Cities and Neighbourhoods

City Hall Rethinking Berlin’s Housing Policy


February 2018

Berlin’s Social Democrats are moving closer toward a realignment of the housing policy for Germany’s first city. In early January, Lord Mayor Michael Müller had already made a case for a more investor-friendly policy (source:, and the Social Democrats in the state parliament just passed a resolution toward that end (source: The white paper, which the Social Democrats drafted during a closed three-day meeting of the parliamentary group, is quite outspoken in its criticism of the current housing policy in Berlin. There is no better tenant protection than an adequate housing supply, the resolution states. “Not all of Berlin’s governing officials have sufficiently embraced this task and made it their business.” The criticism is most likely levelled against Katrin Lompscher (The Left), who serves as Berlin’s Senator for Urban Development and as such bears the chief responsibility for the city’s housing policy (source: The resolution criticises the lack of cooperation between the housing industry and the body politic above all. “Private housing companies account for 90 percent of new developments in Berlin today,” the Social Democrat delegates wrote. “To focus the state policy solely on public-sector companies would fail to live up to events on the ground and the necessities of future housing construction.” He added that the situation therefore requires “a reliable partnership” between Senate and the private housing industry. The closed meeting of the Social Democrats’ parliamentary group that unanimously passed the resolution convened in Hamburg—perhaps Berlin’s Social Democrats sought to model their new approach on that city’s housing policy. For some years, a successful alliance between the private housing industry and the body politic has existed in Hamburg (source:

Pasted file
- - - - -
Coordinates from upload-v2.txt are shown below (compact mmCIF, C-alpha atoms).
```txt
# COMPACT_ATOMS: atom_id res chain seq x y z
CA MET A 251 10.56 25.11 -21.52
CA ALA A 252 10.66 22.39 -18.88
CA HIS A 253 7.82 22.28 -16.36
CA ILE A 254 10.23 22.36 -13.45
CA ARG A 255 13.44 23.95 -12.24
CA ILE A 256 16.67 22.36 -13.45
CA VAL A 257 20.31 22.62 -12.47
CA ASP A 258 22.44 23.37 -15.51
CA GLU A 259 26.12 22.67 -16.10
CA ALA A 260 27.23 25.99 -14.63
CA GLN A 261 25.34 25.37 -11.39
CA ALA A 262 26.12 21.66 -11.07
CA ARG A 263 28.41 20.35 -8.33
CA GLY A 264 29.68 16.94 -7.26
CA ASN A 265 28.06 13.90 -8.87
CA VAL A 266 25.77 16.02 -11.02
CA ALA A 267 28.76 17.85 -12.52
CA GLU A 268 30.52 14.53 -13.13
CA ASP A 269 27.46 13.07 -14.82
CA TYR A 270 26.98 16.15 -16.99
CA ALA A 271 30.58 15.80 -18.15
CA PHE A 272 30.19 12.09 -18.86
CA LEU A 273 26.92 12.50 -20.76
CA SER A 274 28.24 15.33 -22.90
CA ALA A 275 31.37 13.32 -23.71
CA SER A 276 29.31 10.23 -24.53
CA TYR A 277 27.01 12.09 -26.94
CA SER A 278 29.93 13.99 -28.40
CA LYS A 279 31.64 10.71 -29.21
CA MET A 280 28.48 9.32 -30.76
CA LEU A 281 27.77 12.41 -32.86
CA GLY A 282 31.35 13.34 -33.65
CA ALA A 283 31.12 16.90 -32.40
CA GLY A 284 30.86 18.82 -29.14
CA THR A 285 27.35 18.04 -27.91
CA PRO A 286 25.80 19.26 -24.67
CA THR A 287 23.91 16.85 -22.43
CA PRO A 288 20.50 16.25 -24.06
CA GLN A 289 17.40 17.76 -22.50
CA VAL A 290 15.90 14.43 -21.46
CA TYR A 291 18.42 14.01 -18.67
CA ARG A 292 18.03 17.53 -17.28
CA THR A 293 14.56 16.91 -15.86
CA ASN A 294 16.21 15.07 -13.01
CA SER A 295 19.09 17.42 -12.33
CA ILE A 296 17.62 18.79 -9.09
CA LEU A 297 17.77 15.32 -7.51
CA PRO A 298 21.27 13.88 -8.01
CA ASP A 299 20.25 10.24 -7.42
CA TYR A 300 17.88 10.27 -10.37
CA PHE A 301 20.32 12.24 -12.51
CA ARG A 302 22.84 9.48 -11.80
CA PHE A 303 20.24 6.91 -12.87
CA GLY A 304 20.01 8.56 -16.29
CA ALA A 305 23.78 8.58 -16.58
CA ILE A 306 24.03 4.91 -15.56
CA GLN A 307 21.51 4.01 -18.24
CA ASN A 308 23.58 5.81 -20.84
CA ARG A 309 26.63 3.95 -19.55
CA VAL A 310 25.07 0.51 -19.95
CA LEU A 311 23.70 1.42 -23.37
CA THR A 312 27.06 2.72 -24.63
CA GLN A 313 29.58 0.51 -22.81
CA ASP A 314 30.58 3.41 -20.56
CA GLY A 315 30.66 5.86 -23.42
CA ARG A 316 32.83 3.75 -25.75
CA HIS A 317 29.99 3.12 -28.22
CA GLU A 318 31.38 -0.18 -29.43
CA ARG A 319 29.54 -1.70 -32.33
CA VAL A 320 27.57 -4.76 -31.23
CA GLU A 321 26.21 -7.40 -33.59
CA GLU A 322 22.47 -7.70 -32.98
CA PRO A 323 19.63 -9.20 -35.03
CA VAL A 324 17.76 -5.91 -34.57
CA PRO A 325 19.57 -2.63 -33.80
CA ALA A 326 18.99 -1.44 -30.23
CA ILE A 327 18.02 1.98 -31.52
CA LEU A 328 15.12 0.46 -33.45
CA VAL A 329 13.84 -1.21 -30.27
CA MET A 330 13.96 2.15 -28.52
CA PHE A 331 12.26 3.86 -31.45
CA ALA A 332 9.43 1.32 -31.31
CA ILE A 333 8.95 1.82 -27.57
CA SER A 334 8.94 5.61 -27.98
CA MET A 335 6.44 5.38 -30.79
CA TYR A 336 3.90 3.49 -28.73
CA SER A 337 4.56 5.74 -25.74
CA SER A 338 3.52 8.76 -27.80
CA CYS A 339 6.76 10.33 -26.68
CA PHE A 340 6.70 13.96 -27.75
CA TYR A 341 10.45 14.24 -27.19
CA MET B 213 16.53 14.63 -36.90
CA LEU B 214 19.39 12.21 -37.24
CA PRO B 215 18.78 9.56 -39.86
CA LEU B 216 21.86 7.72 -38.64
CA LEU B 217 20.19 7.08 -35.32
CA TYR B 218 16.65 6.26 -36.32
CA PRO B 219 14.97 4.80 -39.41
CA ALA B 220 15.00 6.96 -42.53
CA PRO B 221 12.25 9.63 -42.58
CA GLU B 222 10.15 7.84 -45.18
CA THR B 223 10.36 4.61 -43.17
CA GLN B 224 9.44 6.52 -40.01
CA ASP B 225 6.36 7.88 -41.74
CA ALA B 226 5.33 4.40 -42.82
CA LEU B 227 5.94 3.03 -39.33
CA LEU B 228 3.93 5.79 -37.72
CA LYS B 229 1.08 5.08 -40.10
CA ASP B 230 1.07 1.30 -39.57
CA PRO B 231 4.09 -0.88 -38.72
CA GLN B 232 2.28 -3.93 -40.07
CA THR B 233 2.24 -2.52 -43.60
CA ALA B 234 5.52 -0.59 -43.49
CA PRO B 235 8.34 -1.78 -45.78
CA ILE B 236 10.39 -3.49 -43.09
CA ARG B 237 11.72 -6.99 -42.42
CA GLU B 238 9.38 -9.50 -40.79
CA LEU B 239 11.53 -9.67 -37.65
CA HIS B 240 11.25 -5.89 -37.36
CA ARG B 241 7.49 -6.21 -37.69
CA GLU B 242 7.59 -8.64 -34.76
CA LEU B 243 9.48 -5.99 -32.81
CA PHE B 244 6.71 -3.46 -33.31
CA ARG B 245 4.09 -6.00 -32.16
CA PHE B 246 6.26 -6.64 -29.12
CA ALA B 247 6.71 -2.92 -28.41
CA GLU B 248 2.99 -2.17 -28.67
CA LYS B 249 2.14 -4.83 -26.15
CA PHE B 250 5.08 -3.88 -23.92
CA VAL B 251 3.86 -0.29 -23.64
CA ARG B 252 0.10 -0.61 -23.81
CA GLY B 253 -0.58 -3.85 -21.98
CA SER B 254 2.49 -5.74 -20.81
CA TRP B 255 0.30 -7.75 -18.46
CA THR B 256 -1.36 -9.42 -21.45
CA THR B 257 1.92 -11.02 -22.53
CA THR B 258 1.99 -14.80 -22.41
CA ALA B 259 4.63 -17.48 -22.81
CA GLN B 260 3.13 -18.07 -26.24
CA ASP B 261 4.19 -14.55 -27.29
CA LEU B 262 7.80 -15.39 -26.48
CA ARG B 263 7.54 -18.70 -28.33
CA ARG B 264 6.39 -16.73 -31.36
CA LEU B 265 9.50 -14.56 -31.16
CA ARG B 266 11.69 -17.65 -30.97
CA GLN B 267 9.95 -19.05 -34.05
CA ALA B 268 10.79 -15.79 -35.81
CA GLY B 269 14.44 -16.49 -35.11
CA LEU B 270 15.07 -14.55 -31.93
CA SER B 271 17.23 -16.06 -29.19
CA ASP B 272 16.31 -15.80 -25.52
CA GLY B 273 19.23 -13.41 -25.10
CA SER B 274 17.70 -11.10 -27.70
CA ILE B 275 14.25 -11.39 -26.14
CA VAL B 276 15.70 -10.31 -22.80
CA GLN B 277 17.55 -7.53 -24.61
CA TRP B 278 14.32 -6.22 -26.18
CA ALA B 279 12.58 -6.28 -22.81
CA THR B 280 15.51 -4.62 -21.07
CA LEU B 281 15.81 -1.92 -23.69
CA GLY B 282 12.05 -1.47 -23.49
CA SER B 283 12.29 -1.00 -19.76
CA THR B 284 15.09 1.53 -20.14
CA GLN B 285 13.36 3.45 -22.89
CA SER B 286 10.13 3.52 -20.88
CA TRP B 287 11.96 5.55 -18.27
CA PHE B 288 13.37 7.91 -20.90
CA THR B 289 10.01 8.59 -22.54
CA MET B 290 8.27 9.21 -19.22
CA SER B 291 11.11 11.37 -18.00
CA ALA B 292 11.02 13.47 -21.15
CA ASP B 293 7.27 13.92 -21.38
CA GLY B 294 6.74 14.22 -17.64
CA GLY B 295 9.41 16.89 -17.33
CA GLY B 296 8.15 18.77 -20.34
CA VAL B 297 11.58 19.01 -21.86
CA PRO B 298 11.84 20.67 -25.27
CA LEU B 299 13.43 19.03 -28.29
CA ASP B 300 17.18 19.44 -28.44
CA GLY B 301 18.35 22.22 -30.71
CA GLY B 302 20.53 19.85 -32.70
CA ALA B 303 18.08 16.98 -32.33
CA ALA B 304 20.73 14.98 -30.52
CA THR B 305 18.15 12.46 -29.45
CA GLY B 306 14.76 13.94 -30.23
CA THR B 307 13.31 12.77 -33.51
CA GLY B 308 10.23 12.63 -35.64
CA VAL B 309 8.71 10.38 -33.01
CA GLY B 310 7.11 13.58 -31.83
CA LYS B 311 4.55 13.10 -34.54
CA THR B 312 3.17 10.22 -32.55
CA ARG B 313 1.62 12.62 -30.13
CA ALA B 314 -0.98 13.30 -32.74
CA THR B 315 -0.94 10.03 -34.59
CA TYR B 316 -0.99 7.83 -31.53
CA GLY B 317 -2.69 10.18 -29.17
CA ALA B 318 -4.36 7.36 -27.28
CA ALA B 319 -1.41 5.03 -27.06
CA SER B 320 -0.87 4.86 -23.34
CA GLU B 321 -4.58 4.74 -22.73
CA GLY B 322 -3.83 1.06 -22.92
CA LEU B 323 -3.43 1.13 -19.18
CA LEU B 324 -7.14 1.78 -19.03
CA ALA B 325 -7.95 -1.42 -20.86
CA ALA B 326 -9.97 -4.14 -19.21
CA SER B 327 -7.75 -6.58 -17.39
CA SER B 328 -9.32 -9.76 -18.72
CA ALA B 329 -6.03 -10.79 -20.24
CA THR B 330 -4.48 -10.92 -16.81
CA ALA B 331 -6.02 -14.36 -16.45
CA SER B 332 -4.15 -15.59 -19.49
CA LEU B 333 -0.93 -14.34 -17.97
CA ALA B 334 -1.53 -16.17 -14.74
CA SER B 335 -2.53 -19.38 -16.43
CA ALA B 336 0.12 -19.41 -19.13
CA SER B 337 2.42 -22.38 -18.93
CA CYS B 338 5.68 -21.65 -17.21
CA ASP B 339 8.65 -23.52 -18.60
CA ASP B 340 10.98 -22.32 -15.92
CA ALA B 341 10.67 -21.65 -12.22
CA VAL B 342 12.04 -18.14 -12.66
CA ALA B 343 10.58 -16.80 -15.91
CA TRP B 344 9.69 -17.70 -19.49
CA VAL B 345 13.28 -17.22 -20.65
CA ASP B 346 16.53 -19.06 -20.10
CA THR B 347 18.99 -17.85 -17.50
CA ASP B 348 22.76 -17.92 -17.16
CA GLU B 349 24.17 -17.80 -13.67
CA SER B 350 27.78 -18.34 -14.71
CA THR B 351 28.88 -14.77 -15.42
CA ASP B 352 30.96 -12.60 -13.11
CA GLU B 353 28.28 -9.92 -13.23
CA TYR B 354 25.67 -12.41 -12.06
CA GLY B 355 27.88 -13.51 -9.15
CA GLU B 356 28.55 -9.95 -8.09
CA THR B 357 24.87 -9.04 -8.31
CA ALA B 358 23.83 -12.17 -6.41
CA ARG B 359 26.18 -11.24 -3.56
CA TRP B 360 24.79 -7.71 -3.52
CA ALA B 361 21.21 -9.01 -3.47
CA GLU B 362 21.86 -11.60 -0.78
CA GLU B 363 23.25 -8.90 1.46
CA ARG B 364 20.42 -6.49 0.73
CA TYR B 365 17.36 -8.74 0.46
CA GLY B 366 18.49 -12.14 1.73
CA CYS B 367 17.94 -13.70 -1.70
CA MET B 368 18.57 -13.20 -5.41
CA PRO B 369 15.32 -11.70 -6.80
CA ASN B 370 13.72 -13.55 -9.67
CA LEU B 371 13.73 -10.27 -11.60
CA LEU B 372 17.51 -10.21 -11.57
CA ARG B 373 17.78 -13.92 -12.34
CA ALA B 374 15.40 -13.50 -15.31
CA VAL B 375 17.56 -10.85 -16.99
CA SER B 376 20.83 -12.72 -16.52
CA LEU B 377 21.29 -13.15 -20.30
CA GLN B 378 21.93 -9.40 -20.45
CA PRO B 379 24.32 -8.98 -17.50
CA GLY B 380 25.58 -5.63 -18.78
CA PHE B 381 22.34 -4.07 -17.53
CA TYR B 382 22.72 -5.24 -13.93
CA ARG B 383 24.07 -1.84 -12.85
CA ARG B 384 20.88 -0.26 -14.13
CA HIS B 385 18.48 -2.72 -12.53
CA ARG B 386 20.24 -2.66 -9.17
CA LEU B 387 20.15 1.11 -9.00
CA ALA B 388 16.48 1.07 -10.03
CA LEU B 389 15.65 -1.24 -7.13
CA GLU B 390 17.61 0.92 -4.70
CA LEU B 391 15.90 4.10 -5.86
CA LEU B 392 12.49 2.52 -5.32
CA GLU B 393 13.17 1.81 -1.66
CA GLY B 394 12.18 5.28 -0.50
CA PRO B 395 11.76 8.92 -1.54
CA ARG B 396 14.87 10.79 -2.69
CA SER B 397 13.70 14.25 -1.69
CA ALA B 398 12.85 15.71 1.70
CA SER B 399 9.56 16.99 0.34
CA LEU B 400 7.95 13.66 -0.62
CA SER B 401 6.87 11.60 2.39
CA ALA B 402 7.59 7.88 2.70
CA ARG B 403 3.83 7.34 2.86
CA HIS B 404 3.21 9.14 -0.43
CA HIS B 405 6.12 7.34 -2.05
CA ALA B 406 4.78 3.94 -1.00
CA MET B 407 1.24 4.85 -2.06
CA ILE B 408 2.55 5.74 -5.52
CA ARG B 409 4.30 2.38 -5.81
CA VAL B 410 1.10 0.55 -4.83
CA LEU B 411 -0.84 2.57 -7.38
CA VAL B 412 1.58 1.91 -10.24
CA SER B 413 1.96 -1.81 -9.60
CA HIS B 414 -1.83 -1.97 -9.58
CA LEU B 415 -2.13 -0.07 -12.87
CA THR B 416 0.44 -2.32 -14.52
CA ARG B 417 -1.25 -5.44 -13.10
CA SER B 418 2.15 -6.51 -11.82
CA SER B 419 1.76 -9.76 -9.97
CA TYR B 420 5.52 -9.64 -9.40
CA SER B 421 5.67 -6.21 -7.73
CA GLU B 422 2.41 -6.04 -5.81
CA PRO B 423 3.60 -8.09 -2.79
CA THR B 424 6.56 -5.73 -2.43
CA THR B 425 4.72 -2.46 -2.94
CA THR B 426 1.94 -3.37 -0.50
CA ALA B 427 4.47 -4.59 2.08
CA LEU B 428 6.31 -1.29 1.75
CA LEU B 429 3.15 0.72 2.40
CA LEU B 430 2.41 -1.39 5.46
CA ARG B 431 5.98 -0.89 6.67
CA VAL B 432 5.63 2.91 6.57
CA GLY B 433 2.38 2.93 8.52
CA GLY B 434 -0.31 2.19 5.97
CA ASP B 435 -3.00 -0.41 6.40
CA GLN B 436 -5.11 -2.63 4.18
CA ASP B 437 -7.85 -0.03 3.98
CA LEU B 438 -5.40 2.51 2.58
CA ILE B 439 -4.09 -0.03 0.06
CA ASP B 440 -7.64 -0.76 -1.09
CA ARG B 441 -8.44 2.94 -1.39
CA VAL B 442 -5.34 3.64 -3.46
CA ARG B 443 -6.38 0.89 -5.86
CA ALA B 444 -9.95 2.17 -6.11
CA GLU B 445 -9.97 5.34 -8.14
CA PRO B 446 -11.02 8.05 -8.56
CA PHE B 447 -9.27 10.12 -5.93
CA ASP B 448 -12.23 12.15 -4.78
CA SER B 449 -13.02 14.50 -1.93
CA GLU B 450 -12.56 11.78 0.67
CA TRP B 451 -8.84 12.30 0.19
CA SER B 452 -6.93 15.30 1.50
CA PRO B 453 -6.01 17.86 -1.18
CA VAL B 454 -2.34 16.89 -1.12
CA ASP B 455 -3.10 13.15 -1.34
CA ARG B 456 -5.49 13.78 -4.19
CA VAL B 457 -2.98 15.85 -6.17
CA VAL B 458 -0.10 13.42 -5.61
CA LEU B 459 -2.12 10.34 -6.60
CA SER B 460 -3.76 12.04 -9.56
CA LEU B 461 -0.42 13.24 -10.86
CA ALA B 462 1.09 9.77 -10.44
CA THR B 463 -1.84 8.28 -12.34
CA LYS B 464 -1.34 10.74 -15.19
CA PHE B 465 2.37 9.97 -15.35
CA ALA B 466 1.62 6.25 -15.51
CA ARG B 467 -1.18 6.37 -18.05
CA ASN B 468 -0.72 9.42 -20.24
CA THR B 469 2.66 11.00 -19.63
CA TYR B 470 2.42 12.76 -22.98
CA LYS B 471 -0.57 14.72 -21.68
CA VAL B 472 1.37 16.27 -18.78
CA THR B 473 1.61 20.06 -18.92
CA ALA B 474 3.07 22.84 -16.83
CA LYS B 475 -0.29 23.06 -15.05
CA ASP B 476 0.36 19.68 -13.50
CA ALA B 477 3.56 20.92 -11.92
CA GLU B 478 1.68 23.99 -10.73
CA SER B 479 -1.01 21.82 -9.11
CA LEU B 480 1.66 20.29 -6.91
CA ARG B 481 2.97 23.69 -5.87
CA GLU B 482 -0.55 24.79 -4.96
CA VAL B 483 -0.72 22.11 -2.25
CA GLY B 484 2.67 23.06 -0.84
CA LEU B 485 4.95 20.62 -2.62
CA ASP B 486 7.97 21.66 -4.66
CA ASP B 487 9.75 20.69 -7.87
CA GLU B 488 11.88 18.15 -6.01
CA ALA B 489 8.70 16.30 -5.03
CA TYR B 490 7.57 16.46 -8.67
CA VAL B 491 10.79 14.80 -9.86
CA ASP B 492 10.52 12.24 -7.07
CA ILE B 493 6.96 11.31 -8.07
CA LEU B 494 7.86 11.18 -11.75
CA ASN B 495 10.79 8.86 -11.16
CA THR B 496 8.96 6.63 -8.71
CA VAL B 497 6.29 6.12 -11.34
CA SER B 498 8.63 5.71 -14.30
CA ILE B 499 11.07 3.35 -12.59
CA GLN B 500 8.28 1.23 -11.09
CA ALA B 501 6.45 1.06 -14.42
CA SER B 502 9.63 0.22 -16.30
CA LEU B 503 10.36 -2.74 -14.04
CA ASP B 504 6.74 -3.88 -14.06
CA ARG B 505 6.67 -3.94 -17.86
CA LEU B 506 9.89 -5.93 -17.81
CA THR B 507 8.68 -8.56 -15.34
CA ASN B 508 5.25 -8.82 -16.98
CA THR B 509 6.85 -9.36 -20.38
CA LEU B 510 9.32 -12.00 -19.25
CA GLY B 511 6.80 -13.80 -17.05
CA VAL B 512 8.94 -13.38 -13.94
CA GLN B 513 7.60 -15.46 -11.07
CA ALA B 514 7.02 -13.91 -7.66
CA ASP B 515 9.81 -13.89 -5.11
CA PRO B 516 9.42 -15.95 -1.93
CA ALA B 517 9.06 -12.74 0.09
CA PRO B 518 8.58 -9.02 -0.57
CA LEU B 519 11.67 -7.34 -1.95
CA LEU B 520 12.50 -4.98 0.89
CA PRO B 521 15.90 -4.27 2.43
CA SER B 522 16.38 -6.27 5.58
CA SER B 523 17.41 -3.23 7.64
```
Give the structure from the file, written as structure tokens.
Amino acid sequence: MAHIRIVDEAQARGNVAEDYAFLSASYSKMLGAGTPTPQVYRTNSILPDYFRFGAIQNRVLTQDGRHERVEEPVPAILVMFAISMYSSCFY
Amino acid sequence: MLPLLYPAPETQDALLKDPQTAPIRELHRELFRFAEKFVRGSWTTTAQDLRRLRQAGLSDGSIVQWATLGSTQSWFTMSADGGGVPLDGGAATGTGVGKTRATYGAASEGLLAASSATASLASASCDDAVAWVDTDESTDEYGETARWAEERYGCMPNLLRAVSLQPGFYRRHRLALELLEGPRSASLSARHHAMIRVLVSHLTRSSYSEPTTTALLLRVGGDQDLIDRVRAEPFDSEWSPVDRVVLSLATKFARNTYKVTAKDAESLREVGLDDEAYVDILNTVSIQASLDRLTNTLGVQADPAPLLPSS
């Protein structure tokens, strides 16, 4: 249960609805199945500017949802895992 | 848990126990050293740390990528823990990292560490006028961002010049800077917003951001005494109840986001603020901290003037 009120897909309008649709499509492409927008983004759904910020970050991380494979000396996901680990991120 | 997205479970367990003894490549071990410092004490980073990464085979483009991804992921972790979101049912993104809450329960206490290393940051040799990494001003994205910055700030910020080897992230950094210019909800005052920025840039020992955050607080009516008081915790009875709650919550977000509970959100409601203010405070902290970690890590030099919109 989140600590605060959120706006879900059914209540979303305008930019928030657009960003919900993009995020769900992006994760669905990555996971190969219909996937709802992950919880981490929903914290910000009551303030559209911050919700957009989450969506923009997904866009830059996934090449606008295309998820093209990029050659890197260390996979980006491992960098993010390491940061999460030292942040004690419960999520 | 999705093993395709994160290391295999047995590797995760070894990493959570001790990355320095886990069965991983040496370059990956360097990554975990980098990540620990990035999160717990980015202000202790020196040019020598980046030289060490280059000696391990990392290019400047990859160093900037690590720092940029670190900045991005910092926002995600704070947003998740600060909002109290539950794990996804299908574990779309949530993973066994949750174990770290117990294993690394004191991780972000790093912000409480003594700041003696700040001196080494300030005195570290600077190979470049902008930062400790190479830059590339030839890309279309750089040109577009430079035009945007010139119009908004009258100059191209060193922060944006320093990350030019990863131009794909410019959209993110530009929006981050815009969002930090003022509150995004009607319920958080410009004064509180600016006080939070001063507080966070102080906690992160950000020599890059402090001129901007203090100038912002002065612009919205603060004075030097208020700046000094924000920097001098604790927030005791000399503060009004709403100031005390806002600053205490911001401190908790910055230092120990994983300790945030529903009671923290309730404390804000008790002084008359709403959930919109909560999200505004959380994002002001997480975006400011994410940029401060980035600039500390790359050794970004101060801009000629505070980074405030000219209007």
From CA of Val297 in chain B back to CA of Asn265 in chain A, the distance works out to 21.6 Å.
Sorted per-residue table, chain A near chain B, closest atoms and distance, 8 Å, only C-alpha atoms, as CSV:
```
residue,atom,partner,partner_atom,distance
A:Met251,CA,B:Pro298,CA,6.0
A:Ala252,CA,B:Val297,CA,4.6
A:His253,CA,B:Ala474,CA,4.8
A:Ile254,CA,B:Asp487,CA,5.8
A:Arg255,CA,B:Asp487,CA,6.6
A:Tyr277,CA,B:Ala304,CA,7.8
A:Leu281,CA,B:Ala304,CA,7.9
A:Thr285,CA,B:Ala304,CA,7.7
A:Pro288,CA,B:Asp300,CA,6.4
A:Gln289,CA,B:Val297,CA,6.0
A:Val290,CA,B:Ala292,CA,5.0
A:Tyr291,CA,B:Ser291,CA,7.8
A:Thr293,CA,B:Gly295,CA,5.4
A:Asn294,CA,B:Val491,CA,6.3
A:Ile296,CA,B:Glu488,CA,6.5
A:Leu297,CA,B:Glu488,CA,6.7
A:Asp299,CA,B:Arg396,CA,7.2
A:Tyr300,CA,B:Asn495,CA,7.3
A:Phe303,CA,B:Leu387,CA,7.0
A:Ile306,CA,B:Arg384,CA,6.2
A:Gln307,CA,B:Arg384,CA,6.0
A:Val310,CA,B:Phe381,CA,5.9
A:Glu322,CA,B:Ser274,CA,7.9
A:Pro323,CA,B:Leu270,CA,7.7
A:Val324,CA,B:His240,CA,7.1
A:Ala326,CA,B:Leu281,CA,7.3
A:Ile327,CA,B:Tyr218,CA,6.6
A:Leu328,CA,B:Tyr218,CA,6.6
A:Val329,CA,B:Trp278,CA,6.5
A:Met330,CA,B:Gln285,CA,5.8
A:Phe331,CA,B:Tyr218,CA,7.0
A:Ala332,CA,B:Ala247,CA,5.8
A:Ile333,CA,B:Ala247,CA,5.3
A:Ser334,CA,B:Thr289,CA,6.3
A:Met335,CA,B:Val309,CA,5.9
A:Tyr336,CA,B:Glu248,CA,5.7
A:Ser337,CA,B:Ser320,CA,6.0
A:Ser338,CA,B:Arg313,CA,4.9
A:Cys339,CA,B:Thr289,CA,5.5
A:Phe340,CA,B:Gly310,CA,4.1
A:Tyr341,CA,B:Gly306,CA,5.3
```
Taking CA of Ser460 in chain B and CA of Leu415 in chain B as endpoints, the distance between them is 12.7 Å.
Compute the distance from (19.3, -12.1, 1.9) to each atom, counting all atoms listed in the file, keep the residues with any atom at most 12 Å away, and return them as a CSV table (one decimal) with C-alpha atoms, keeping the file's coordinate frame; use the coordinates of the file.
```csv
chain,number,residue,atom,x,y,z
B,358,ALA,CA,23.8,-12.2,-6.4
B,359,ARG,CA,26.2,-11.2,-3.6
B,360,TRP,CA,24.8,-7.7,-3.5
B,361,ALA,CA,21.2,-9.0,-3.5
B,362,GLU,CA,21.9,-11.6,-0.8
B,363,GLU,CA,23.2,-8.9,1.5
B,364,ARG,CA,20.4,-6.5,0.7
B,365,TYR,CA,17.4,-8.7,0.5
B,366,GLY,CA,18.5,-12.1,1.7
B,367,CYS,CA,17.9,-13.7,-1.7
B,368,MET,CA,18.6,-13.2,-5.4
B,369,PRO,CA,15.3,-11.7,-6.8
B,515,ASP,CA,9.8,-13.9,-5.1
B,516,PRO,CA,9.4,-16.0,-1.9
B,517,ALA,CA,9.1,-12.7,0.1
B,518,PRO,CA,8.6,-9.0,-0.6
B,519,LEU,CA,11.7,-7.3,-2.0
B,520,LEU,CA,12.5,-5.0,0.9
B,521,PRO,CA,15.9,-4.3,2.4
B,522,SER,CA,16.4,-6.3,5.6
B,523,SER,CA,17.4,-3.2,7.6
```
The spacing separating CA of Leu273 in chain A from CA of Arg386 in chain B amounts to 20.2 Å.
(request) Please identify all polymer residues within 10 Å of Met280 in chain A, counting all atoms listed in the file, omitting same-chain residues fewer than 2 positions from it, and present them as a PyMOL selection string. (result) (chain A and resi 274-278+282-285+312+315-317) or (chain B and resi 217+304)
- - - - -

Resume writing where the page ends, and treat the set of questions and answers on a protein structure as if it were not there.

Social Democrats Call for More Infill Densification

Another demand raised by the Social Democrat members of the city council is that civic participation should not be taken too far and reach a point where it causes housing construction to stall. The resolution explicitly states “that the common good principally take precedence over individual interests. Housing construction by privately owned businesses must not be disparaged as serving private interests.” On top of that, the Social Democrats want planning permit procedures to be accelerated and simplified. The Social Democrats also demand a more liberal handling of infill densification projects: “More consistent and swifter use should be made of inner-city sites with infill potential and with sound infrastructure and transport links already in place.”The implementation of the Social Democrats’ demands would imply a radical shift in Berlin’s housing policy. It remains to be seen whether the Social Democrats will be able to convince their coalition partners of the Greens and The Left of this reorientation. Lord Mayor Müller intends in any case to expand his right to intervene in the housing policy: The Social Democrat parliamentary group’s recommendation to the Senate is to set up a steering group headed by Müller.

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